Other psychopathologies include suicidality, psychosis and neurodevelopmental disorders that require disorder specific treatments. The way these issues are usually expressed can vary depending on the living reality of each child. OCC’s teachers and volunteers need to be aware of individual behaviours and student’s reactions in order not to cause them more harm. The mental health problems previously mentioned may manifest in children by developing new fears, clinginess, low frustration tolerance, aggressiveness and eating and attachment disorders. In order to be helpful to students who normally suffer from some of these common mental health issues OCC provides its volunteers with useful information about safeguarding in its online handbook. This tool, as well as the multiple trainings that volunteers receive during their time of work, is useful in order to not expose children to harm and abuse.

What about unaccompanied minors’?

Unaccompanied refugee minors constitute an important group of migrants coming to Europe and they are recognised as needing special protection by UNHCR. According to data collected by the EUAA portal express in 2019, about 17.700 applications for international protection were lodged by unaccompanied minors. The majority of them were male (86 %) between the ages of 14 and 18 (91 %).
The Centre de la Santé mentale Enfants-Parents (Liège, Belgium), believe that unaccompanied minors are more likely to live traumatic experiences and generally face more adversities during their migratory compared to children who travel with their parents. They have to travel long distances on their own and when they arrive at their resettlement country, they have to prove they had “good” reasons to leave their country of origin. Many of them experience hunger, robbery and lack of shelter and legal assistance. That’s why they usually present a higher number of psychiatric problems over children and teenagers who come with their family. The most common symptomatology among unaccompanied minors is anxio-depressive state and / or PTSD.

The role of the governments in this issue

All children have the – internationally recognised- right to access appropriate support and services without bearing in mind their country of origin or reasons that pushed them to start their journey. As previously mentioned, living conditions have a huge impact on children’s mental health and can worsen the pathologies they already had before and during the routes. Therefore, improvement of the living conditions in camps, schools and institutions is crucial in order to increase refugee’s resilience and benefit their mental health. Multiple aspects such as the school environment, cultural acceptance, safety, absence of religious or ethnic discrimination and good quality of the accommodations are usually understood as resilience factors.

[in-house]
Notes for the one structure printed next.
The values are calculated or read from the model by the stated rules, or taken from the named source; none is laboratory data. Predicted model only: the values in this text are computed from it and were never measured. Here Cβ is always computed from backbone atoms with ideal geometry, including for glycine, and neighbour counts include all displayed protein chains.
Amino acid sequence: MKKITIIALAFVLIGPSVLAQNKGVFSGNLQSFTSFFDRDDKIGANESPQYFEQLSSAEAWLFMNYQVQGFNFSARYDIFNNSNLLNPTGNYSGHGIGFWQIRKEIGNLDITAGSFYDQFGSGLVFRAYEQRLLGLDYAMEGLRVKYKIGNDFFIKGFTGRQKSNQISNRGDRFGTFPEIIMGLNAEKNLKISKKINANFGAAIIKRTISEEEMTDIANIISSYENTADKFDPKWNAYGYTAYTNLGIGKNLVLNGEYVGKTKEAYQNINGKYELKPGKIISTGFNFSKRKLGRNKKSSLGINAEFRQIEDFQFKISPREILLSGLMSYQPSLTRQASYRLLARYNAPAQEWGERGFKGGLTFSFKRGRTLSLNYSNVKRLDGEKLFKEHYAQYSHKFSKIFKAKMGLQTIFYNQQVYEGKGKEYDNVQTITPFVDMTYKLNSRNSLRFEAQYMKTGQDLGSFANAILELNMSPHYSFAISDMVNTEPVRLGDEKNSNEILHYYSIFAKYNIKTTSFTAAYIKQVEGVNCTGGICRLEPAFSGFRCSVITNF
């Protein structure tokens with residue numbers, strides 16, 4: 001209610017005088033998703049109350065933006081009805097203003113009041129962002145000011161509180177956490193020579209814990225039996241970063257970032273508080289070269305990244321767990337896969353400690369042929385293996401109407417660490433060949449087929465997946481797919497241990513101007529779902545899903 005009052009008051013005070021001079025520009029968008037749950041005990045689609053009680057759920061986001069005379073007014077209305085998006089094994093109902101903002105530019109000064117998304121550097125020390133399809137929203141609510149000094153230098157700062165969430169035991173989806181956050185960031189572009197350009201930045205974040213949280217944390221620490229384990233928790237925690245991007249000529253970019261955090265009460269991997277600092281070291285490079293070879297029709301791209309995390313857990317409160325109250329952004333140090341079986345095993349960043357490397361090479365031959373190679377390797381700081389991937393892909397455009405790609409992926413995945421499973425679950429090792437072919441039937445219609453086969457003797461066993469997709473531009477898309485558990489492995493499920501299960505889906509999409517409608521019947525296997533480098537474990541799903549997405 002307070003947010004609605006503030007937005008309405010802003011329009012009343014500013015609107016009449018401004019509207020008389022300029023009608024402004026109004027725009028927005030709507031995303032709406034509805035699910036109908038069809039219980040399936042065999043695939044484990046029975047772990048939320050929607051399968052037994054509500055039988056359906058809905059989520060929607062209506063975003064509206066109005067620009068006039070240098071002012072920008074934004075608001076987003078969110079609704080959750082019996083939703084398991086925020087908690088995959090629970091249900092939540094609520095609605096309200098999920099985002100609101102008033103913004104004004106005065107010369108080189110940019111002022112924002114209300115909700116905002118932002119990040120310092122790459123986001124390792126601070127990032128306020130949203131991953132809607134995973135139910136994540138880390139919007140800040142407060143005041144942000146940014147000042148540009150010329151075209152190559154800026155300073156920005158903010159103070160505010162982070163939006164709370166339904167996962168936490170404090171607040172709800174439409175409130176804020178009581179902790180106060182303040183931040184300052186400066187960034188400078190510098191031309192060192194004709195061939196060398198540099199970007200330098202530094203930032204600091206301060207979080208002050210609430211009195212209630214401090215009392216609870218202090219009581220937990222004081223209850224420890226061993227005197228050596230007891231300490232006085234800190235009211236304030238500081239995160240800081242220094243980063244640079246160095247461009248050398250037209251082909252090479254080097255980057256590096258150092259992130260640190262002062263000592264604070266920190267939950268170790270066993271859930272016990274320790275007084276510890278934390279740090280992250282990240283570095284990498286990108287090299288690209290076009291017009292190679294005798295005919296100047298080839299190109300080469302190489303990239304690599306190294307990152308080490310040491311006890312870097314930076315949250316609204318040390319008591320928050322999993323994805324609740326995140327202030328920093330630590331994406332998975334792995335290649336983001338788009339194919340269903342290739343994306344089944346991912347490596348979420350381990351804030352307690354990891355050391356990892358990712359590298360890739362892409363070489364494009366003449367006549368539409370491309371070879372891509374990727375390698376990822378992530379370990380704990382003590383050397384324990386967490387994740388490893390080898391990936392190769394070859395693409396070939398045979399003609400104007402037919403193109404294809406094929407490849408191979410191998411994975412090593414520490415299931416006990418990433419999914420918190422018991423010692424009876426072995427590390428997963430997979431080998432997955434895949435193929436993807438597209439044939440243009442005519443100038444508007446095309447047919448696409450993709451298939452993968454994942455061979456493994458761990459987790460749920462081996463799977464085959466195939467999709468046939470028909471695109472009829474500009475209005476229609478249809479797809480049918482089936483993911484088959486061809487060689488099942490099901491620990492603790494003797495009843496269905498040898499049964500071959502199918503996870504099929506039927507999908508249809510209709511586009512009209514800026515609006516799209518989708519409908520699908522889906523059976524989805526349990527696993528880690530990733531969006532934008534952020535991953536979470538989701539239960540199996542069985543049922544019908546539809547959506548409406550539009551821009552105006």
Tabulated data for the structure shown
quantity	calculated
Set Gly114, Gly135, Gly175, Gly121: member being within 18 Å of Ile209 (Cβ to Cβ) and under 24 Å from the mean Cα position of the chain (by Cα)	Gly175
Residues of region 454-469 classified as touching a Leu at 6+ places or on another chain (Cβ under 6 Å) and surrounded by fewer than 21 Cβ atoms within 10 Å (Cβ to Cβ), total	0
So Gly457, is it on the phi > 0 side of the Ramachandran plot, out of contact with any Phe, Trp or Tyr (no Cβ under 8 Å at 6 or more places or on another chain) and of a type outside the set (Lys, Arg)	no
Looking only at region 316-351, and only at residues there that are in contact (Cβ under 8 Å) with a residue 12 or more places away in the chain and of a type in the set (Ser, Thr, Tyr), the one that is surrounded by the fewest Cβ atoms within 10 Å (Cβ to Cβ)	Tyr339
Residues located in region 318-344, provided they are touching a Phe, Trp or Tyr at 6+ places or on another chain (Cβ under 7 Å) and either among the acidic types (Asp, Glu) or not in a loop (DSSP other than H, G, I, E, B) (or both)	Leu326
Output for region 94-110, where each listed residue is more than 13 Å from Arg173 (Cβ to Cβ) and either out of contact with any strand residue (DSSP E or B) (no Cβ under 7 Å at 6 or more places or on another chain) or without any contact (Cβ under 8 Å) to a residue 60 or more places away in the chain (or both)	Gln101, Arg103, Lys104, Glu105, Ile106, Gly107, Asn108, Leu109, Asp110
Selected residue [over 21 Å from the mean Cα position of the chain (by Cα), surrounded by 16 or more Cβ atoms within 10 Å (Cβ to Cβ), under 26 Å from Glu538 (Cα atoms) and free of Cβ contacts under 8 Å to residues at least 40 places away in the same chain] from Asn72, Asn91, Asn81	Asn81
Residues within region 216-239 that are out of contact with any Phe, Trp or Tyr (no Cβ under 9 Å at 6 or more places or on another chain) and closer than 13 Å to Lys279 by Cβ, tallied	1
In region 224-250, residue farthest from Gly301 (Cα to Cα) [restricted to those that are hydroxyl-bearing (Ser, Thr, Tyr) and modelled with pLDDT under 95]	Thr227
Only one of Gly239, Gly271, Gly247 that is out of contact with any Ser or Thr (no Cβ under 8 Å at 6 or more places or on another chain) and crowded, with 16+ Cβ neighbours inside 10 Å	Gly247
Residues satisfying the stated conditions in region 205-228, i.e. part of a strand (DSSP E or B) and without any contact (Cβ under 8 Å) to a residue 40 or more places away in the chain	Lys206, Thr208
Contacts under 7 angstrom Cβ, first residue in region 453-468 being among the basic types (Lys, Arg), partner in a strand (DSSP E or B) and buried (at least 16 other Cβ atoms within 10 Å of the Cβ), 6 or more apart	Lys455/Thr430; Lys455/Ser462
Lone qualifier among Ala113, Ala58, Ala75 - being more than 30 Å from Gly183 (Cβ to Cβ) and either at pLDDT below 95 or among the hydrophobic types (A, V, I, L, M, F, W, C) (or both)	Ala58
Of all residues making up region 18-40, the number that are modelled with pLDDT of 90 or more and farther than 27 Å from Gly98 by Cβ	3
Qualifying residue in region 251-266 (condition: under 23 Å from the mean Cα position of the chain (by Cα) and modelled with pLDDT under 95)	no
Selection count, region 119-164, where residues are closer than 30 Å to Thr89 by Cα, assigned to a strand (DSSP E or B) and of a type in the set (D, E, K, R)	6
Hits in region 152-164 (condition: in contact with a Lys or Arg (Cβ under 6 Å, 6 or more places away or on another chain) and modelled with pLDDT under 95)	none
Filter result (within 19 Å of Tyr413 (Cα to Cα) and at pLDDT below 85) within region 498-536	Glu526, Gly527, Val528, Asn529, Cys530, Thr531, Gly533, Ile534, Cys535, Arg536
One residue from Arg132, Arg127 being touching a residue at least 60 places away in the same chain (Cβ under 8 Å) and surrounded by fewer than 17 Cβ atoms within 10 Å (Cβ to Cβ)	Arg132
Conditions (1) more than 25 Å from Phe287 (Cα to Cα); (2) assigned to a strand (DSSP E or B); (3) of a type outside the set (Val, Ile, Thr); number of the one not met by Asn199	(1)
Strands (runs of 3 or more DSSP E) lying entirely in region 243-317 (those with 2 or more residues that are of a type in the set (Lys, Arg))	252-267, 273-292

It is crucial to implement preventive mental health policies and cease practices that are known to be detrimental to health and abuse human rights.

Matthew Hodes, psychiatrist

Children’s psychological function often improves with positive attitudes towards their receiving country. Adaptation to a new country and its culture plays a very important role in this issue: Learning how to adapt to a very different place involves a process of acquiring knowledge of the language, social relationships and many cultural factors that might vary from their country of origin. However, as said by psychiatrist Matthew Hodes, it is crucial to implement preventive mental health policies and cease practices that are known to be detrimental to health and abuse human rights. Likewise, the Centre de la Santé mentale Enfants-Parents state that it is essential to show an institutional response based on active listening. This way, children can develop a metabolisation process of the experiences lived during the journey, which therefore lets them strengthen their self-esteem and develop a feeling of identity, as well as growing adaptation strategies.

What’s more than clear is that due to their extra vulnerability, refugee children should be a priority for public health care systems in the host country. For that reason integration is key to achieve this. Countries should ease access – without any kind of border or discrimination- to health care services but also establish prevention plans inside and outside of the schools. As already stated, educational centres who help children in their adaptation process usually are the biggest resilience factor to increase their sense of identity and inclusion in a new society.